It was a miracle. That’s how Grammy Award-winning musician Lani Hall describes it. Hall, who remembers singing songs from the radio in the backseat of his father’s car at the age of two, absorbing them, learning them, would later start singing them in his bedroom. They were mostly jazz standards at the time. And it was a transformative experience. Although she never thought she would become a professional singer, she couldn’t get enough of the music. But at the same time, Hall kept it all a secret. Until the day where. In her late teens, a friend who worked at a nightclub dropped by her house unannounced and heard her singing through her bedroom door. From this chance encounter, a career blossomed. And today, that career includes Hall’s upcoming sweet album, seasons of lovedue out April 22, his first solo album in nearly 25 years.
“I was singing in my bedroom,” Hall says. “And a friend of mine knocked on the door and I opened it and there she was. She said, ‘Who’s there with you?’ »
At first, Hall didn’t know what her friend meant. But then her friend said she heard singing. She started looking in Hall’s closet, around the room. Who was singing? Hall said it was a record, but it wasn’t, her friend knew. It was a person’s voice. Then she realized: it was Hall all the time.
“And I was taken!” said Hall.
Hall admitted it was her. Her friend’s gears began to turn. Then, as Hall was sipping drinks one night her friend had passed her at the nightclub where she worked, she heard his name on the speakers. Her friend practically lifted Hall from her seat at the bar and onto the stage. That night, Hall sang in public for the first time. The song? “Universal Soldier”, which is the one her friend heard her singing in the bedroom. After she finished, Hall was elated inside but outwardly she didn’t know how to react. So, as they were heading back to the bar to reprimand her compatriot, someone intervened.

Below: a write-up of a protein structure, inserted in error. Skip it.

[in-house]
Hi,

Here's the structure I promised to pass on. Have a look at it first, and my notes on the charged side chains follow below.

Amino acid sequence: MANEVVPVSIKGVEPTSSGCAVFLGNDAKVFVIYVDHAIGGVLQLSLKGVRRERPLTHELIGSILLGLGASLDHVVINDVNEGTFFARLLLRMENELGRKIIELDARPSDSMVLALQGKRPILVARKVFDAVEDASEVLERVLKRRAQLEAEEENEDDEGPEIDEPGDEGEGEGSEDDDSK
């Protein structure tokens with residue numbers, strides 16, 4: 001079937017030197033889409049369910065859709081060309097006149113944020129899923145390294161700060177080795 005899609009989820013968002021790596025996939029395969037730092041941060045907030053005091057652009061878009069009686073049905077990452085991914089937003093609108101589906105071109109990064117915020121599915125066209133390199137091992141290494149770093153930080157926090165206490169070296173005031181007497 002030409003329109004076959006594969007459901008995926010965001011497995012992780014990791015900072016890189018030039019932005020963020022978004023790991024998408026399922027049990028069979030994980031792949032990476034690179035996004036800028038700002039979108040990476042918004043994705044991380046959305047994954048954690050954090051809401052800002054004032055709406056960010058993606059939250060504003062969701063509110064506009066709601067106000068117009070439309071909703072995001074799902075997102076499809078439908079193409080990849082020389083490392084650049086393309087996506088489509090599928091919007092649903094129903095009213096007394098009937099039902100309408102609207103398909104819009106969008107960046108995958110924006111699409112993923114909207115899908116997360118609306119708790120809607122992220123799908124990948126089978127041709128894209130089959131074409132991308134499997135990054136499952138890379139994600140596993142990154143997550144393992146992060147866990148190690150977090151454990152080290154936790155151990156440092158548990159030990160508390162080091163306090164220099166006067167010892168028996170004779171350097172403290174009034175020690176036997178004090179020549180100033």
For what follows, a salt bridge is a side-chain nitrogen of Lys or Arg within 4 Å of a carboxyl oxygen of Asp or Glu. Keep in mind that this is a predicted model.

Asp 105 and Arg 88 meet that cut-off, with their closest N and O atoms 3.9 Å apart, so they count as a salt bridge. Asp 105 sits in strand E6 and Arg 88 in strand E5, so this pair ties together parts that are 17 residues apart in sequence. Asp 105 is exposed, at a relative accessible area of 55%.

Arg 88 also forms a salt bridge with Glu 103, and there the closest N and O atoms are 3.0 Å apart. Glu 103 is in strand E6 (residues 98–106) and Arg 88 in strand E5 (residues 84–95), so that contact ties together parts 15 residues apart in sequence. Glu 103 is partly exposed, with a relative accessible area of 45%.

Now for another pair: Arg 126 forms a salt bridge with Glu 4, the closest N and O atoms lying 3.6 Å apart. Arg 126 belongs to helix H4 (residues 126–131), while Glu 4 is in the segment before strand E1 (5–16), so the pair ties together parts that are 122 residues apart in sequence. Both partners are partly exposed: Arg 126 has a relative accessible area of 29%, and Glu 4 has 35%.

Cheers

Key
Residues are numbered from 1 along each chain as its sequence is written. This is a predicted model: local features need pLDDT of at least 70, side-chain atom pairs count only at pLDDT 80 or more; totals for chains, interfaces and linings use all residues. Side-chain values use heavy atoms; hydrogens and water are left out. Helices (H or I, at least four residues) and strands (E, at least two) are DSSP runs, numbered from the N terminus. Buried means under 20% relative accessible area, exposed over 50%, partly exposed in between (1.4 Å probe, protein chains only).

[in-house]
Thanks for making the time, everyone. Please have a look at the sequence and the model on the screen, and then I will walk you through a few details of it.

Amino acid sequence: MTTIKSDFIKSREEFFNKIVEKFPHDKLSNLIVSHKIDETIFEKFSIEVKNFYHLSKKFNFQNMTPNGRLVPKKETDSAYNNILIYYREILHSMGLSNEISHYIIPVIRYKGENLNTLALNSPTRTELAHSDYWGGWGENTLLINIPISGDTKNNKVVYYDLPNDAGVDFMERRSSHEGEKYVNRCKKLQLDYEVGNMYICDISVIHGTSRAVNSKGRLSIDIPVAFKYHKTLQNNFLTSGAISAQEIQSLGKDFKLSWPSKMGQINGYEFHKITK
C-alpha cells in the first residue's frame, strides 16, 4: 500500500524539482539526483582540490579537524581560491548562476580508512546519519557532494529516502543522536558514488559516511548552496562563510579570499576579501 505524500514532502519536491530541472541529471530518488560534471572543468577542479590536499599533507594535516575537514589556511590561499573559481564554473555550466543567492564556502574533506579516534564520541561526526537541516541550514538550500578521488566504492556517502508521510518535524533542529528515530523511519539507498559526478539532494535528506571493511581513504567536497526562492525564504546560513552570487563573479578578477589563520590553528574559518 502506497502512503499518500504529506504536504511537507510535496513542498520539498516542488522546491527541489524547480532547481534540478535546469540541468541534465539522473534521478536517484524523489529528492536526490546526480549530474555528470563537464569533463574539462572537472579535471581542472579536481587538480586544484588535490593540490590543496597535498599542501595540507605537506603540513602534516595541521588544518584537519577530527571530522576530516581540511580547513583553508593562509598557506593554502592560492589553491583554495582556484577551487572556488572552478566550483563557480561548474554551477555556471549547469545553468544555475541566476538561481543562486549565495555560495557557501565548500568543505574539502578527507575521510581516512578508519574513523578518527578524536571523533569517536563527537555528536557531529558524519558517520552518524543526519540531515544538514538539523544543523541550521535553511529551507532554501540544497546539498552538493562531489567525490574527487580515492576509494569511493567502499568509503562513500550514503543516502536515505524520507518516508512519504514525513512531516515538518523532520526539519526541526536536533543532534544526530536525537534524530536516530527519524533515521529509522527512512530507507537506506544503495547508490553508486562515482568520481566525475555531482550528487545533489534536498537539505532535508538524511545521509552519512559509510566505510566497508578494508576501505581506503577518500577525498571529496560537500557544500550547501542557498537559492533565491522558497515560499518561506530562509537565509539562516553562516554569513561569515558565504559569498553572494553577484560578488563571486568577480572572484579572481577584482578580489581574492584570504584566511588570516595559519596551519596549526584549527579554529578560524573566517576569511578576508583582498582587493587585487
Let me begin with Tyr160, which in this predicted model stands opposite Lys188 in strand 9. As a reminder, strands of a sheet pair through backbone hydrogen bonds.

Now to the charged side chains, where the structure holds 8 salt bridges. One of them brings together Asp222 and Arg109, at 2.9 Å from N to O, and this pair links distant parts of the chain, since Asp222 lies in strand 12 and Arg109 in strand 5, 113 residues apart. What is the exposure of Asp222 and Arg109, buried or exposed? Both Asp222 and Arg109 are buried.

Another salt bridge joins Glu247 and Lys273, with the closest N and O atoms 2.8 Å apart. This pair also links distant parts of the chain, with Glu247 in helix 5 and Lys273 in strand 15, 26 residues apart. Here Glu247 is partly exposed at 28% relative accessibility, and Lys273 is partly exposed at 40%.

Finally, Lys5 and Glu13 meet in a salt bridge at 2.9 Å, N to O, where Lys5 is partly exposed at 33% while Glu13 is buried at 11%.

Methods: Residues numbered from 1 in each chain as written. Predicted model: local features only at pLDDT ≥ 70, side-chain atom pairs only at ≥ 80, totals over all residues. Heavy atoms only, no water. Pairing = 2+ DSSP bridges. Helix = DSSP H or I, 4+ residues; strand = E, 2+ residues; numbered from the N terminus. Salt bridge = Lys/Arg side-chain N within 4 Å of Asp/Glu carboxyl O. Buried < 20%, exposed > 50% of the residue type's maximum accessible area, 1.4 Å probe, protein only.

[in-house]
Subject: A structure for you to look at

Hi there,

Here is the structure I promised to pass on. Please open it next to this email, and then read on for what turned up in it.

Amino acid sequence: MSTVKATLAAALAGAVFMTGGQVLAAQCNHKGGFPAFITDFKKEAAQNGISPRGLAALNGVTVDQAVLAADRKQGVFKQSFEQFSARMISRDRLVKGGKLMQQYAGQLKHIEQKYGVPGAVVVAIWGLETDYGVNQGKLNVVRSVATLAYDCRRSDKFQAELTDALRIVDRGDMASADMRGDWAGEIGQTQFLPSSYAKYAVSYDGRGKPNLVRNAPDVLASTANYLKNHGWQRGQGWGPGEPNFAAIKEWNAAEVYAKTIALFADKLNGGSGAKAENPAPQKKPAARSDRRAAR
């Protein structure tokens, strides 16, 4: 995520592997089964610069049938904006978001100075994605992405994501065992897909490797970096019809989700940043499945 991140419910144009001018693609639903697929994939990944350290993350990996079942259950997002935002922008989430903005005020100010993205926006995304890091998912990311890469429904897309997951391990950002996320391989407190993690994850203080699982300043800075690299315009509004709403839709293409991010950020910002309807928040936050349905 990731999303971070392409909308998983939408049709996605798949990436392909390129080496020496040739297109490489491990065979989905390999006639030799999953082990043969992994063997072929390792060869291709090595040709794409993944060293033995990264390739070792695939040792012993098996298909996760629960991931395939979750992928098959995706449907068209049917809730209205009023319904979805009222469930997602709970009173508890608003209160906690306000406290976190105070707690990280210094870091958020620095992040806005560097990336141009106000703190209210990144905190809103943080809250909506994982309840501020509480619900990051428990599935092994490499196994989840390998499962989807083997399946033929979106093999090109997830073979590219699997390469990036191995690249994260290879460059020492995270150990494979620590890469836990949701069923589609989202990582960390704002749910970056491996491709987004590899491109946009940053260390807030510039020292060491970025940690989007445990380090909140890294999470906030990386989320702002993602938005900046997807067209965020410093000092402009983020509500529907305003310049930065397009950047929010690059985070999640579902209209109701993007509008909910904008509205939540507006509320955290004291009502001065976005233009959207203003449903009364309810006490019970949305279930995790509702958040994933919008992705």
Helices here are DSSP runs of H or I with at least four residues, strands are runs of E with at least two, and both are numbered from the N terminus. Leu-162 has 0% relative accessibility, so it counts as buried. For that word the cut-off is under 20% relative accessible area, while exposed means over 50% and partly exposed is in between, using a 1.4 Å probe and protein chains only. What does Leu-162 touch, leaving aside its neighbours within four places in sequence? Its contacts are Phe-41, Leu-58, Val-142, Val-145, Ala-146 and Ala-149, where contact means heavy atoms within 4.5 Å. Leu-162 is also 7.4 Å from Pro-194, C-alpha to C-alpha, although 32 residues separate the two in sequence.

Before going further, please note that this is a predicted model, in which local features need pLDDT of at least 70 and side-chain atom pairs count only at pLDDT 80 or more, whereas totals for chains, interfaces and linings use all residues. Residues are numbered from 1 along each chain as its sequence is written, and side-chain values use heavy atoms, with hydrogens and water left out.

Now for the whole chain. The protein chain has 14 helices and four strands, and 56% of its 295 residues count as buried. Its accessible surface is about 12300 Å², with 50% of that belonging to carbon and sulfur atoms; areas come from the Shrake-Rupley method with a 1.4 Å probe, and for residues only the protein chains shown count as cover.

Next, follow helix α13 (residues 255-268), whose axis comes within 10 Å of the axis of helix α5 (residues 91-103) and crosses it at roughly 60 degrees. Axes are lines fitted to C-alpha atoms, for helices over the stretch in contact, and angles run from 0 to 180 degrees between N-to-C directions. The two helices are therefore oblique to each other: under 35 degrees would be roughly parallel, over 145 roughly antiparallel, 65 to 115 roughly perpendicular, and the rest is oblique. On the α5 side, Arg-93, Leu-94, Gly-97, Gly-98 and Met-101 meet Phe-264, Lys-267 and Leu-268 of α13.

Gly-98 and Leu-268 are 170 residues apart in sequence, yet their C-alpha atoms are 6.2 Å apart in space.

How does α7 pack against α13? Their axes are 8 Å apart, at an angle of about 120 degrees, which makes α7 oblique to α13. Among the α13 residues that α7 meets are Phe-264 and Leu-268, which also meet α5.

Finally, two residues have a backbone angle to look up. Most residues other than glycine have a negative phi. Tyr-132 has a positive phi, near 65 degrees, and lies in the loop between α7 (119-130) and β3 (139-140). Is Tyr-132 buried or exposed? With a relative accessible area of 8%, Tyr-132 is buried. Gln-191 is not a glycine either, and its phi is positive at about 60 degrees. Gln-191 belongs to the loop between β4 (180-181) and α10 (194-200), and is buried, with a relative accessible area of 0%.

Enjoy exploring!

“As I approached,” she said, “this man came in and said, ‘Excuse me, I own the cafe down the street and I would like you to sing for the next two weekends. ends and I’ll pay you for it.’ And my friend who put it together looked at it and said, ‘She’s gonna do it!’ And that’s how it went.
Really, it’s like a scene from a movie. Like divine intervention. Thus, Hall sang at the cafe for the next two weekends. But the owner wanted her to stay on two more, which she obliged. That’s when his life really changed. That’s when the now legendary artist Sérgio Mendes came into her life. His band at the time, Brasil ’65, was breaking up and the musicians were all going home. But Mendes wanted to give a new band one last chance.
“He had heard about me on the street and came to the club between shows and he just stared at me from the door entrance and after I finished he came up to me and said “I’m forming a band and I want you to be the lead singer. I said, “You’ll have to ask my dad,” Hall recalled.
At the time, Hall was 19 and living at home with his family. So Mendes came to her apartment and talked to her parents. At that time, her father knew how much she loved to sing, but he said that if something – anything – didn’t feel right, she should jump on a plane and go home. But she never needed it.